John Adams Meets Mozart

Present Music dares to present Mozart! Yet it's still a very modern concert.

By - Sep 1st, 2015 03:04 pm
Cory Smythe.

Cory Smythe.

Perhaps the program for Present Music‘s opening concert this Saturday, September 5th was inspired first by the opportunity to perform a John Adams “classic” — Grand Pianola Music. Present Music has frequently offered smaller Adams works while Edo de Waart has championed Adam’s orchestral works in Milwaukee Symphony Orchestra concerts. Grand Pianola Music falls in between, requiring a large wind ensemble, percussion and two grand pianos.

Gathering these forces is worth the effort. The music may be rooted in minimalist serial styles much like that of Philip Glass and others, but the energy bursts out into an organized chaos that is clearly Adams at his exuberant best.

In the opening movement, I hear a rapidly moving stream – repeating patterns in the two pianos augmented by bright interjections from various wind instruments. The intensity and volume slowly increase, capped by three women’s voices offering wordless harmony. Adam’s shares a more explicit vision – “while driving down Interstate Route 5, I was approached from behind by two long, gleaming, black stretch limousines. As the vehicles drew up beside me they transformed into the world’s longest Steinway pianos…twenty, maybe even thirty feet long. Screaming down the highway at 90 m.p.h., they gave off volleys of Bb and Eb major arpeggios.”

In a brief slow movement – I hear a broad, slow section of the stream. Then what has become a river flows through a more urban district. The minimalist, repeating patterns are broken by melodies introduced by one or both pianos. Again, Adam’s imagery is more over the top – “I was reminded of walking down the hallways of the San Francisco Conservatory, where I used to teach, hearing the sonic blur of twenty or more pianos playing Chopin, the Emporer Concerto, Hanon, Rachmaninoff, the Maple Leaf Rag and much more.”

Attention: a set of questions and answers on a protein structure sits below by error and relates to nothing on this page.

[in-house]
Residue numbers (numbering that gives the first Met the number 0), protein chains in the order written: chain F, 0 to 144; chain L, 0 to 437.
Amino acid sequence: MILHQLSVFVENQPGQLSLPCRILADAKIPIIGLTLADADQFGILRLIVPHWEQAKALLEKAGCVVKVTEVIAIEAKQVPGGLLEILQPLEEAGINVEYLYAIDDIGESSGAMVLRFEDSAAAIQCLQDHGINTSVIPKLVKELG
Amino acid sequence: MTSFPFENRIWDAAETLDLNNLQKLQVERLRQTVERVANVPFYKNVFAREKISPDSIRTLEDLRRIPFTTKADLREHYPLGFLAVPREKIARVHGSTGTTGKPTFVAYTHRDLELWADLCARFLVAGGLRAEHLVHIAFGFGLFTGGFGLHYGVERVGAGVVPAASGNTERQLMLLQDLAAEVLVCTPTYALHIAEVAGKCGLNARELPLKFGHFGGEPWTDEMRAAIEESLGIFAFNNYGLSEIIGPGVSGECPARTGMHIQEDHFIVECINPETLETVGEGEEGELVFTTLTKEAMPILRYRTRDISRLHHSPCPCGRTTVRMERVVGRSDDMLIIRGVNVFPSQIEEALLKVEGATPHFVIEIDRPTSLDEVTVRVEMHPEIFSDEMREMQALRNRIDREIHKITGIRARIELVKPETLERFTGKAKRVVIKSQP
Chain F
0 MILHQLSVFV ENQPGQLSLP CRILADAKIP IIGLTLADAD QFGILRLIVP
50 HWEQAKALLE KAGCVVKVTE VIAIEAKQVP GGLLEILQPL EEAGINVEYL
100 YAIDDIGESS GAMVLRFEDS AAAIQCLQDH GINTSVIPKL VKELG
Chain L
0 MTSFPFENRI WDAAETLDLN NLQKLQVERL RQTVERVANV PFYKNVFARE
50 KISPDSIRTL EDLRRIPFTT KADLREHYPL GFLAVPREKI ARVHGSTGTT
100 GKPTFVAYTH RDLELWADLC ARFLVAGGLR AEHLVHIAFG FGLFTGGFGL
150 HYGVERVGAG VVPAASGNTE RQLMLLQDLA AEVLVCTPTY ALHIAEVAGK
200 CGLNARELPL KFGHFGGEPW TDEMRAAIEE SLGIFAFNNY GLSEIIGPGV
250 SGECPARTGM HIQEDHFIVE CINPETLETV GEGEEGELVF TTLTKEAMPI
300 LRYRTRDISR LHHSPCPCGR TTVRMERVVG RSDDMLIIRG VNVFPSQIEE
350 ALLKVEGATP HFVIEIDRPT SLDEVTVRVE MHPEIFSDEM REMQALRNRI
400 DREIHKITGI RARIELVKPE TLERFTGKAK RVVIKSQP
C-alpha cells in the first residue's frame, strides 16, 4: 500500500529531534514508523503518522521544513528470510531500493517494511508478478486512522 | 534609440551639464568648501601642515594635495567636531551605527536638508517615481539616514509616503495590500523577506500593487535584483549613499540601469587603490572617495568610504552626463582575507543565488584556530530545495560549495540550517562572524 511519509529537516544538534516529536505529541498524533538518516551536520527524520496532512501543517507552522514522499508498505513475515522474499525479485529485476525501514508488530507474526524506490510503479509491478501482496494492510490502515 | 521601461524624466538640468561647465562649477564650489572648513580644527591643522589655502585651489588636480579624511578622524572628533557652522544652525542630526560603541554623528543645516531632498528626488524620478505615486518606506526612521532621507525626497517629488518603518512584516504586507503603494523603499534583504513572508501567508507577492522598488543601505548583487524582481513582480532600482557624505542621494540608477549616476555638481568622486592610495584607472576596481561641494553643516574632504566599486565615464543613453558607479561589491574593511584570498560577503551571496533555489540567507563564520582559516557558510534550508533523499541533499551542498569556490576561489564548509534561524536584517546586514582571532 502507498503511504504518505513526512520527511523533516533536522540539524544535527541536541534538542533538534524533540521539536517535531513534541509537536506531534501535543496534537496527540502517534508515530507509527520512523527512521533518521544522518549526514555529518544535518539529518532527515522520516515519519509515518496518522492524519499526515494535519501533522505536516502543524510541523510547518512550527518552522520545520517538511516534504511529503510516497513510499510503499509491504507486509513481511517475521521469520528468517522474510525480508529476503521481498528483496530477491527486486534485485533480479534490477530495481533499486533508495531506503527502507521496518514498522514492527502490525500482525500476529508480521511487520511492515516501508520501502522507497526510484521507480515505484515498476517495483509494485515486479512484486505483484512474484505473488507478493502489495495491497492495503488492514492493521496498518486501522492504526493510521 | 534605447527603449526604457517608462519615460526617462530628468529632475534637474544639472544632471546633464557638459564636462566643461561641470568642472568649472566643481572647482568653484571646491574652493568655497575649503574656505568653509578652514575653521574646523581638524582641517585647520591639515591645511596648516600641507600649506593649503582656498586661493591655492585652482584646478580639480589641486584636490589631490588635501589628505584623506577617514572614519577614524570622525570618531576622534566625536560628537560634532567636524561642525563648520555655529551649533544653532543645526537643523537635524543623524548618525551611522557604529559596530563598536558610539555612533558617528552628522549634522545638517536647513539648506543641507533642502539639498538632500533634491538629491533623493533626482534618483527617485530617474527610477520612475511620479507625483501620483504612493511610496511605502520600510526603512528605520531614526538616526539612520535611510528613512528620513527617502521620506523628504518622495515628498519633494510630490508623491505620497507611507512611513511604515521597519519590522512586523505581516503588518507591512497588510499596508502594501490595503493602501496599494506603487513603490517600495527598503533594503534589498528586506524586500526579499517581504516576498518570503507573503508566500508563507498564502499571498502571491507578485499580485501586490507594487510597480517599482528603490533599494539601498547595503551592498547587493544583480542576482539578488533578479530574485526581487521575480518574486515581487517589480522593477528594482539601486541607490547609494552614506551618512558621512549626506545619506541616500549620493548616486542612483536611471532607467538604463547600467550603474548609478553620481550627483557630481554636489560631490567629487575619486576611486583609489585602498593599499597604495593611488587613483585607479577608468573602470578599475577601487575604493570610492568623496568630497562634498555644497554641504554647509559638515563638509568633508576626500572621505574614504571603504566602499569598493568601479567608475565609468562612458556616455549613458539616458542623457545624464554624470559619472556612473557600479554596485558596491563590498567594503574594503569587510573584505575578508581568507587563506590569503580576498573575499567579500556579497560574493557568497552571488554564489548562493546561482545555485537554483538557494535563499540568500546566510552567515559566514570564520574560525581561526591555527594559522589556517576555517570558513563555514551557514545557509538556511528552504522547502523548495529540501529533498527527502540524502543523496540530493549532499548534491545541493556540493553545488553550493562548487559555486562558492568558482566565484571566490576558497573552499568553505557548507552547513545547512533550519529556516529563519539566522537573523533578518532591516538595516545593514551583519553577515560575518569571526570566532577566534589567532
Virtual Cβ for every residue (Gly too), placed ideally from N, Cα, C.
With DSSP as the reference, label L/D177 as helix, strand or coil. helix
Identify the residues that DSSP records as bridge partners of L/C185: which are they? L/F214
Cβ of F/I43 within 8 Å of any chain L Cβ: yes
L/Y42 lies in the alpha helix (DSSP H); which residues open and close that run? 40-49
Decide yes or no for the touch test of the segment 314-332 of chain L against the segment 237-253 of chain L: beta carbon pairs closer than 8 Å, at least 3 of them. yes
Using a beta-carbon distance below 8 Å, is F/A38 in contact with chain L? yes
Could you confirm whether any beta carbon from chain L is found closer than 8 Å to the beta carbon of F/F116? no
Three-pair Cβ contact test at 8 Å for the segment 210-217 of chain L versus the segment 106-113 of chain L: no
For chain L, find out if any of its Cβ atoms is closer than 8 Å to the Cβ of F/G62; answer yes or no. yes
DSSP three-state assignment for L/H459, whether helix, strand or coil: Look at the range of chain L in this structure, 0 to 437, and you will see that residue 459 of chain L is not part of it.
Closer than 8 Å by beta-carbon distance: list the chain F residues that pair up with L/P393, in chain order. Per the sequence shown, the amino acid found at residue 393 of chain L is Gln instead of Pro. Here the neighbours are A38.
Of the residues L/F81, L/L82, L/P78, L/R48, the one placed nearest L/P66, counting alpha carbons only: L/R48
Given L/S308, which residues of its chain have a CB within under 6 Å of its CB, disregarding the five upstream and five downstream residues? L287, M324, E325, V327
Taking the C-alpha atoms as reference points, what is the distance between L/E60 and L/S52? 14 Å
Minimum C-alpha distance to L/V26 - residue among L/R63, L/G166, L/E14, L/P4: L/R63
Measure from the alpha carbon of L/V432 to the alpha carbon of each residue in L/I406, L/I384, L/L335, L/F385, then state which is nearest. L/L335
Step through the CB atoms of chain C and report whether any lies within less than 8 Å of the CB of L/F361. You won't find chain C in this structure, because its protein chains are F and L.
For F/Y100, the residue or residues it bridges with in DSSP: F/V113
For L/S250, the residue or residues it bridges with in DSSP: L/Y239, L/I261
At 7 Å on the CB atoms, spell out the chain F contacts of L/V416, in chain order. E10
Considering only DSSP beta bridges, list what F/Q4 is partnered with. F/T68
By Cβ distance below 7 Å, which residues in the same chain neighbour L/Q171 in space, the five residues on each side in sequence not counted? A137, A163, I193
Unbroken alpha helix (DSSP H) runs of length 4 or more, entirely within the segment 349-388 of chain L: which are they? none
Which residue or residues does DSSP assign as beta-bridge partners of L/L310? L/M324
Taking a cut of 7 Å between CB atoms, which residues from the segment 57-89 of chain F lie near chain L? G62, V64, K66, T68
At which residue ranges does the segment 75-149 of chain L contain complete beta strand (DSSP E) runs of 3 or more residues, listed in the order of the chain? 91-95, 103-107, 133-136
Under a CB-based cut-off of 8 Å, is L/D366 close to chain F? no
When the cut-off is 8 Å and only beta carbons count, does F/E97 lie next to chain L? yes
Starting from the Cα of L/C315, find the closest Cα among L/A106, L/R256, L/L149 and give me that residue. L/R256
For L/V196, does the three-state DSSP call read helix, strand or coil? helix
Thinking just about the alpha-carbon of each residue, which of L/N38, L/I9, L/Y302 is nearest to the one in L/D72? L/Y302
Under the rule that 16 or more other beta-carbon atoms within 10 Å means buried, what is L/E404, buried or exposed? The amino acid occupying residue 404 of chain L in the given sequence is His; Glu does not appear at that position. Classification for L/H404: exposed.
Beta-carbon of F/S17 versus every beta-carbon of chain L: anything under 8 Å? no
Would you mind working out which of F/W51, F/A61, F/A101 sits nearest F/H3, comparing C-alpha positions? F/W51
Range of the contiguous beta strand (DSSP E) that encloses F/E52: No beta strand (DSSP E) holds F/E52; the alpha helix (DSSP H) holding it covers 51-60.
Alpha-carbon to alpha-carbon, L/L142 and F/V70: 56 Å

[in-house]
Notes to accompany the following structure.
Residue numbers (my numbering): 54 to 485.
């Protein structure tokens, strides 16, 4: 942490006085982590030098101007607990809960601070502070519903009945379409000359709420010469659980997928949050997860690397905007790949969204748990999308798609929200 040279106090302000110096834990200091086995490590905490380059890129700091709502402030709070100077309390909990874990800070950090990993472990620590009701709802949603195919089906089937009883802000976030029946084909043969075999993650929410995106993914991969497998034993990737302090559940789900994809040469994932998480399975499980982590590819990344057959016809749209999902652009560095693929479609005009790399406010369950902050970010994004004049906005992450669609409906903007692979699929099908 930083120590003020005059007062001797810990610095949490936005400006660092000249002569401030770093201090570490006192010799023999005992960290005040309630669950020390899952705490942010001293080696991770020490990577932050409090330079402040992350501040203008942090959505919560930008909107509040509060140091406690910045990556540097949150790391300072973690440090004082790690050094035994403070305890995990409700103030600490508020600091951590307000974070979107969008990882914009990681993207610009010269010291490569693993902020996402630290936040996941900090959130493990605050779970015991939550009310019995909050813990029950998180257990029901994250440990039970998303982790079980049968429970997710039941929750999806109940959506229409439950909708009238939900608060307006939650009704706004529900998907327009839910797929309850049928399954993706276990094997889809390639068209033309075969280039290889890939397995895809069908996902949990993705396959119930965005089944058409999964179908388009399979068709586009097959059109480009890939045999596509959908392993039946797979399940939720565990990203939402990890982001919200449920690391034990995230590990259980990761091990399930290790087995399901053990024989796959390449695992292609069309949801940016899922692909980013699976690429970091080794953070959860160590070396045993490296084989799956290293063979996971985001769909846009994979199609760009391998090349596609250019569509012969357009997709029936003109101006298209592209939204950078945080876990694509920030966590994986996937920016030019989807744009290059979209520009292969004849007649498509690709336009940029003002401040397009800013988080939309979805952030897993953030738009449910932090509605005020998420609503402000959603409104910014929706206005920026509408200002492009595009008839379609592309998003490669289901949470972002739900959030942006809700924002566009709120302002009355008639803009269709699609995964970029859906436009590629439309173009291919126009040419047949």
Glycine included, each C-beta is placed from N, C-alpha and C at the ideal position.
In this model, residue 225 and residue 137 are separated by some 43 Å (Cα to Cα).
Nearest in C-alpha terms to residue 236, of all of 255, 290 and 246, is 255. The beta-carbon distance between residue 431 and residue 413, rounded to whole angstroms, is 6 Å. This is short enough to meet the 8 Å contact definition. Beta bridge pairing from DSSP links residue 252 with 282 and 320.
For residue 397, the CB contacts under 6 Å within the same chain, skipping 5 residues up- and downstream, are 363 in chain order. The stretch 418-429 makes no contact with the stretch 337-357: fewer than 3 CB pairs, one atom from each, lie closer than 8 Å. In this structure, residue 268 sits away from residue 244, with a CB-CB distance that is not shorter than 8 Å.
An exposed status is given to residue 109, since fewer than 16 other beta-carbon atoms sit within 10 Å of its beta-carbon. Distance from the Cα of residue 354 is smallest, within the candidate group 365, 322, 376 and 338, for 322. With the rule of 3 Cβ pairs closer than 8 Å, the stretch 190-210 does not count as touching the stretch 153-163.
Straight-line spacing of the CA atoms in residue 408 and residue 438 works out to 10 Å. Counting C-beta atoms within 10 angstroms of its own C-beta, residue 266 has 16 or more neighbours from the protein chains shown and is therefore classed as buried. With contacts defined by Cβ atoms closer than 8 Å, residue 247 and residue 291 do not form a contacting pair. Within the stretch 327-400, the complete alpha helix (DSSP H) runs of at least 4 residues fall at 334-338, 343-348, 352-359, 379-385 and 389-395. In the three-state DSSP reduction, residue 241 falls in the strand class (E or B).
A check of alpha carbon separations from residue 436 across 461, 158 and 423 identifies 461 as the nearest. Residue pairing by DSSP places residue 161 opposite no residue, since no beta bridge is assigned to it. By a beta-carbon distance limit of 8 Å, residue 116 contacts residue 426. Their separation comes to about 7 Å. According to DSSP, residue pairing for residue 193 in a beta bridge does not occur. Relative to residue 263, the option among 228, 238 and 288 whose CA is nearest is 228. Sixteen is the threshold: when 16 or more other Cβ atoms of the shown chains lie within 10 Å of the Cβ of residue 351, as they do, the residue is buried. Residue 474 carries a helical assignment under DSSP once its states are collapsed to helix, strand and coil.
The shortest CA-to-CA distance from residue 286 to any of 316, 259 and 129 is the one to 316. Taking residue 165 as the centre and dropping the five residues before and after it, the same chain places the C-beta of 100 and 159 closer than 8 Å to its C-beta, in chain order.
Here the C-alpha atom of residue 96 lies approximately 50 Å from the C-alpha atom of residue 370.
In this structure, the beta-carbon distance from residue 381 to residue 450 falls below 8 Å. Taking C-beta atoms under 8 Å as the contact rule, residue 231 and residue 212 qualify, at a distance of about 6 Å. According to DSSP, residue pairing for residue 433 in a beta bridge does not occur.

In the spectrum of 20th century serial music, Adam’s has clearly offered more energy, variation and excitement – to the extent that other fans of minimal music did not receive this composition well. No matter. The result is certain to be well received in Milwaukee.

Yegor Shevtsov

Yegor Shevtsov

Now, what to do next with two grand pianos on the stage? Present Music ensemble pianist Cory Smythe and frequent guest pianist Yegor Shevtsov will perform a virtuosic, exuberant Adams piano duo — Hallelujah Junction. The two pianos share a bright rhythmic melody, but at a slightly offset pace. The delayed repetitions ricochet between the two pianos. The resulting feast for the ears must be an enormous challenge for the pianists,  who must avoid coordination as they focus on their independent parts.

And about that wind ensemble. Artistic Director, Kevin Stalheim programmed a Wolfgang Amadeus Mozart piano sonata in last winter’s chamber series. A “grand” Mozart composition — Gran Partita — employs a similar, winds-only combination. In a seven-movement serenade, Mozart offers solo opportunities to many of the instruments.

In the 1984 film, Amadeus, Antonio Salieri hears a work by Mozart for the first time – the passionate third movement of the Gran Partita. “This was a music I had never heard. Filled with such longing, such unfulfillable longing. It seemed to me that I was hearing the voice of God.” The Gran Partita may be more nuanced, but complements the energy of the Adam’s selections.

Having taken the step to program a substantial Mozart work, Stalheim titled the program Mozart?! to proclaim his right to broaden Present Music’s already eclectic though typically contemporary palette.

To round out the concert, Stalheim selected a work by a recently deceased composer known for his work bridging contemporary and early classical music. Luciano Berio has written very experimental deconstructed/constructed “collage” music, a series of “transcriptions” of classical standards and a series of 18 virtuosic pieces for individual instruments – the Sequenze – that blend contemporary and early styles. The Sequenze are well represented by Sequenza VIII – a work for solo violin. Ensemble member, Eric Segnitz will appear for this one work. Sequenza VIII echos the techniques of J.S. Bach partitas in a contemporary mood.

The concert will be presented at 7:30 p.m., on Saturday, September 5th in the Helen Bader concert hall at the Zelazo Center on the UW-Milwaukee campus (2419 E. Kenwood Blvd). Tickets are priced from $15, $25 and $35 and may be purchased at, at (414) 271-0711, Ext. 5 or at the door. Student tickets are half-price.

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